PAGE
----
Ballet de Lorraine Performs Captivating Works by Merce Cunningham

In this two-part series, CGN intern Jacqueline Lewis shares her insights into the new Merce Cunningham: Common Time exhibition and accompanying performances at the Museum of Contemporary Art Chicago. Lewis has been a dancer for most of her life; she took her first dance lesson at two years old, and she began training with the Lou Conte Dance Studio at the age of sixteen. The second part in the series focuses on Centre Chorégraphique National–Ballet de Lorraine's recent performance of works from Cunningham's repertoire. 


The stage of the Edlis Neeson Theater at the Museum of Contemporary Art Chicago (MCA) was dark when the performance Works by Merce Cunningham and Others began with Untitled Partner #3. The only light radiated from movable LED lights and video projections of dancers dressed in white. Four male dancers entered the stage and began to interact with the highlights and shadows provided by this unconventional stage lighting. At times, the dancers manipulated the projectors and lights, adding a dimension of uncertainty to the performance.

The choreography demonstrated the dancers' strength and trust in their partners. They ran back and forth, throwing themselves towards the ground and rolling away, while at the same time supporting each other in an effort to create and hold difficult shapes.

Untitled Partner #3 was created by CCN-Ballet Lorraine’s artistic director Petter Jacobson and the coordinator of research, Thomas Caley. Caley danced with Merce Cunningham Dance Company from 1993-2000, and the iconic choreographer's influence is apparent in Caley's mixed media approach to performance, his choice of electronic musical and the athletic choreography.

The next piece, Fabrications, showcased Ballet de Lorraine’s large cast of dancers. The company is based in Nancy, France and has developed an impressive reputation due to their large contemporary repertoire as well as works that span modern history. This, along with their director’s experience, makes them an ideal company to demonstrate the works of Merce Cunningham Dance Company (MCDC).

Merce Cunningham created Fabrications for MCDC in 1987 at the Northrop Auditorium in Minneapolis, Minnesota. The work consists of 64 different movement phrases, which correspond to the 64 hexagrams found in I Ching, the Chinese book of chance. These phrases are mixed-up and combined to create a work that exemplifies Cunningham’s strong interest in chance and randomness. The flowing costumes are colorful, yet simple enough to focus attention on the movement. Fabrications highlights the strong, classical abilities necessary for Cunningham choreography, which the Ballet Lorraine dancers most definitely possess.

After Fabrications, the performance broke for an intermission, which gave the audience a chance to prepare for the enveloping experience of Sounddance. Cunningham described this work as “vigorous, fast, complex,” and as “a space observed under a microscope.” He does not exaggerate. The full experience captures your attention and draws you in until you are on the edge of your seat.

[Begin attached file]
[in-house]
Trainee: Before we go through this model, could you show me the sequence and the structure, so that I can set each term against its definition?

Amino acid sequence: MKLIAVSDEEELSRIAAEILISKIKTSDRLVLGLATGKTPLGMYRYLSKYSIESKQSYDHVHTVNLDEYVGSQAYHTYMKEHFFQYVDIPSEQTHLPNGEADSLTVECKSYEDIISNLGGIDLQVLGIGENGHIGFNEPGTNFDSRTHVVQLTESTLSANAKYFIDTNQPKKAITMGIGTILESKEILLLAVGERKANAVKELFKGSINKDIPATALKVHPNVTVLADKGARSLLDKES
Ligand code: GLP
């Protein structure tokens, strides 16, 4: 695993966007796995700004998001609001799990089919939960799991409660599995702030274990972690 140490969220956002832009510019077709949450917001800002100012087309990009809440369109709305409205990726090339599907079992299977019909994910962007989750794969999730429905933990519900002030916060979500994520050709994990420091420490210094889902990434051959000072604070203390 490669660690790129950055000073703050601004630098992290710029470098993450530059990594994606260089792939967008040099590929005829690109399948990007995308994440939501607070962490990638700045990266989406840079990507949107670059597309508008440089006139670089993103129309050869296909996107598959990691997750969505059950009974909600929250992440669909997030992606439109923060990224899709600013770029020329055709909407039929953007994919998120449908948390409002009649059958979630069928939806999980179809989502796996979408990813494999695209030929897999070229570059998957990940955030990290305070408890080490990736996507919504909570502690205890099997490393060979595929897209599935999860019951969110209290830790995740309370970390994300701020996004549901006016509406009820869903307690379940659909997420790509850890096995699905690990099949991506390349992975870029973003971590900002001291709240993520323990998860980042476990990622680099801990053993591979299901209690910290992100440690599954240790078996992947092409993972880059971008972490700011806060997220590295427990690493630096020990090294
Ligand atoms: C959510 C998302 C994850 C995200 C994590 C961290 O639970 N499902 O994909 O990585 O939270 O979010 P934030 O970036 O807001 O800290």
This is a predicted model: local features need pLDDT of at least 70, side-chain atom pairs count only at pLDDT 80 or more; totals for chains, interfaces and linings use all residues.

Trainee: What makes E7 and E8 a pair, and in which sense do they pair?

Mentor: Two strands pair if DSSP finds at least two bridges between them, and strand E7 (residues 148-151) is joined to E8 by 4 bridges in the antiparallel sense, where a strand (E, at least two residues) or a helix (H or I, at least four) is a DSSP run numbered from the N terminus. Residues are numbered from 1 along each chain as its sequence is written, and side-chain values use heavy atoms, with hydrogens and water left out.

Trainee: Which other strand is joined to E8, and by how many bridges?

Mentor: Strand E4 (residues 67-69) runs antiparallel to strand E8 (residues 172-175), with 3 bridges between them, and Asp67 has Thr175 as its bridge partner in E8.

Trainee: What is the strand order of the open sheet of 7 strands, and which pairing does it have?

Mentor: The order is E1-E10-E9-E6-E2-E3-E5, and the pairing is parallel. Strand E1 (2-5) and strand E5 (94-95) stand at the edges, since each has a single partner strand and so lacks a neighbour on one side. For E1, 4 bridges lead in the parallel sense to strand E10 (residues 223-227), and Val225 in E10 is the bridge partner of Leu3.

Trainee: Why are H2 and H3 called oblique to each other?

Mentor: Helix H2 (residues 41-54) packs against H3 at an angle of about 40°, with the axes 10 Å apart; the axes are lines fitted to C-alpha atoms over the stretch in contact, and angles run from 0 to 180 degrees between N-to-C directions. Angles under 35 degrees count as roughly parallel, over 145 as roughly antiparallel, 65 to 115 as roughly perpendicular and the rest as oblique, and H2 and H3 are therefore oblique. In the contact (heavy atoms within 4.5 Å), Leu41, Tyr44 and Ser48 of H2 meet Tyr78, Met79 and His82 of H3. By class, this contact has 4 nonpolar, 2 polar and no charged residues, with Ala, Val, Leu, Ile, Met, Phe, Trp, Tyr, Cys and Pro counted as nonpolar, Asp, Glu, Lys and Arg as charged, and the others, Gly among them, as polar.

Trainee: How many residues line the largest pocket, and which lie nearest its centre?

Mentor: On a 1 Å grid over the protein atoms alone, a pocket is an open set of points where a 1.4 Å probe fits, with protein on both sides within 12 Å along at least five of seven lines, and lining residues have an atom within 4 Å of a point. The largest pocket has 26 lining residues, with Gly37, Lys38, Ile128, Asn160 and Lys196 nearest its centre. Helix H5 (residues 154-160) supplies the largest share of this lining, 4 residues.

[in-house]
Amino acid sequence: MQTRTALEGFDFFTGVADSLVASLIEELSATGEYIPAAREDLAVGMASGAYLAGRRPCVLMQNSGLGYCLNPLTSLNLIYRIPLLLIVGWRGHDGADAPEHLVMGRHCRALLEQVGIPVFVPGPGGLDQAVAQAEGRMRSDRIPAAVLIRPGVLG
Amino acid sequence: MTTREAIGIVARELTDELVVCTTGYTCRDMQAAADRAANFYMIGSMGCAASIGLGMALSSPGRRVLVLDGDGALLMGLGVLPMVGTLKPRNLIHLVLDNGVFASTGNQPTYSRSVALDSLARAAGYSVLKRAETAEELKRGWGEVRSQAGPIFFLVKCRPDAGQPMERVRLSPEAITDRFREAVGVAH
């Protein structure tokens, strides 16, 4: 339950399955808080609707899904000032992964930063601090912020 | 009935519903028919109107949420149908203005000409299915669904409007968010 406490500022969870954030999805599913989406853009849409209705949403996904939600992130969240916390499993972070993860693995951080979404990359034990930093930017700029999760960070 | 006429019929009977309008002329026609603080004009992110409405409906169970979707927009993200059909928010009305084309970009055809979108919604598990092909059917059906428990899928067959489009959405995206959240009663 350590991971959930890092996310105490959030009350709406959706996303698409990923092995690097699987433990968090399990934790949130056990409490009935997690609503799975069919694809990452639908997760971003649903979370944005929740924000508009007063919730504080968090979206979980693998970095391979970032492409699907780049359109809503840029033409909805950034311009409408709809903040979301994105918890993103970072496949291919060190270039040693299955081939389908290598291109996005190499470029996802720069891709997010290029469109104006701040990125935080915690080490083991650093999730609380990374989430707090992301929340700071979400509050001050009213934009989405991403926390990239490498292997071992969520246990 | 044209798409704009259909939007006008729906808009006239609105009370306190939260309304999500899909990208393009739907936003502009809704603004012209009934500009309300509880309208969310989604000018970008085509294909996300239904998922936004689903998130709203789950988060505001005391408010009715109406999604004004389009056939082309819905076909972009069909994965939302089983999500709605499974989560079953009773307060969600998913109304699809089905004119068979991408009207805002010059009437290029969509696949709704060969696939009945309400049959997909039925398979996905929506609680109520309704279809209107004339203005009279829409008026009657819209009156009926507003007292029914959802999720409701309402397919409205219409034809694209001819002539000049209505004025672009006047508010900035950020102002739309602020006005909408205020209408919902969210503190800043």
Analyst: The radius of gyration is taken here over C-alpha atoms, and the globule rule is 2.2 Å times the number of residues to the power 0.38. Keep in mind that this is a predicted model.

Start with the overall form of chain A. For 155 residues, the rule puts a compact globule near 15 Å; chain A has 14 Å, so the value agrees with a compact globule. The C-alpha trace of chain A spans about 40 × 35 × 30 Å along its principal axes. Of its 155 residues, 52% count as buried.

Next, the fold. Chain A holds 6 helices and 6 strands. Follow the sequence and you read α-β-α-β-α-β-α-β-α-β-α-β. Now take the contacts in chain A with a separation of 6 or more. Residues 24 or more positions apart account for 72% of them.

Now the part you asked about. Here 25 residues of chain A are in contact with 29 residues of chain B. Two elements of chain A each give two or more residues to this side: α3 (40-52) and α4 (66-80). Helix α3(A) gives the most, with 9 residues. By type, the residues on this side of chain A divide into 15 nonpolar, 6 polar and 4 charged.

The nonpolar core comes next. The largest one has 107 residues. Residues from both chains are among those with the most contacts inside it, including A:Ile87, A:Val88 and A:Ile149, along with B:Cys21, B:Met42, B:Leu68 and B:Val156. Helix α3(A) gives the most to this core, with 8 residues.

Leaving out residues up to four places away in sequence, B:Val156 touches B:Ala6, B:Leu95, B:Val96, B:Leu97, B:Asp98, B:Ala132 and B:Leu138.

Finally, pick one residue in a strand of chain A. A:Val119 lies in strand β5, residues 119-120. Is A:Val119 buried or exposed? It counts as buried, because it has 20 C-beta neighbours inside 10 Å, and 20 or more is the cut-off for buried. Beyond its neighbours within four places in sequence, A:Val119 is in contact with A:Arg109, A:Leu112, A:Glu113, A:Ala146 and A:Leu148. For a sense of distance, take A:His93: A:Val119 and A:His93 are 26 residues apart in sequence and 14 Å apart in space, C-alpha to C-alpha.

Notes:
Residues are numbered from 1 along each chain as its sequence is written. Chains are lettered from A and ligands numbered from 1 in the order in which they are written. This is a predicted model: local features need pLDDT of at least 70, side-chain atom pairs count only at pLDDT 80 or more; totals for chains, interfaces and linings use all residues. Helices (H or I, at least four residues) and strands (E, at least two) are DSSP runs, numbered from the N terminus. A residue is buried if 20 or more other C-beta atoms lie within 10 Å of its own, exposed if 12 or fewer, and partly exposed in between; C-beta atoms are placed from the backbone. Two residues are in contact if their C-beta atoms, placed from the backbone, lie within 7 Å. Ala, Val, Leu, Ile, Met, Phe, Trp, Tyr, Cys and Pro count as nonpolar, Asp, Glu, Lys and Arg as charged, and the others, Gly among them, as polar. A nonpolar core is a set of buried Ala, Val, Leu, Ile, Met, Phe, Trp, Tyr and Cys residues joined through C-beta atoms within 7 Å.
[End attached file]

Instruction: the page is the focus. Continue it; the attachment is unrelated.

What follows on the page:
Sounddance was created after Cunningham spent nine weeks with the Paris Opera Ballet, and the influence is evident in multiple aspects of the piece. From the costuming to the partnering and the balletic movements, Cunningham takes the classical qualities of ballet and gives them his own modern twist. Even the luscious, golden backdrop is reminiscent of the billowing curtains that frame the stages of classical ballet. In this case, Cunningham turns the curtains into part of the movement. Dancers enter and exit through openings that seem invisible until they burst through them. The stage design becomes a living part of the performance, a characteristic very common in Cunningham choreography.

The most difficult part of the performance was trying to take it all in at once for the fullest experience possible. As a dancer, I tend to focus on one dancer or a single movement and watch every detail as it comes to life. While this is often enjoyable, for this performance I made sure to observe the entire production in order to comprehend the fullness of the work. This created an entirely different experience that integrated the rich gold color, the choreographed formations, the connections amongst dancers and their synchronicity. I was moved into a trancelike state that elevated the performance beyond what I expected.

CCN-Ballet Lorraine brought Merce Cunningham’s choreography to life at the MCA’s stage. The performance was co-presented by the Dance Center of Columbia College Chigago and complemented the exhibition Common Time that is on view through April 30 at the MCA. Information about the exhibition and programming can be found here.

To read the first article in this two-part series visit: New Survey Highlights Merce Cunningham's Collaborative Career.

Top image: Performance view, CCN-Ballet de Lorraine, Works by Merce Cunningham & Others, MCA Chicago. Photo: Nathan Keay.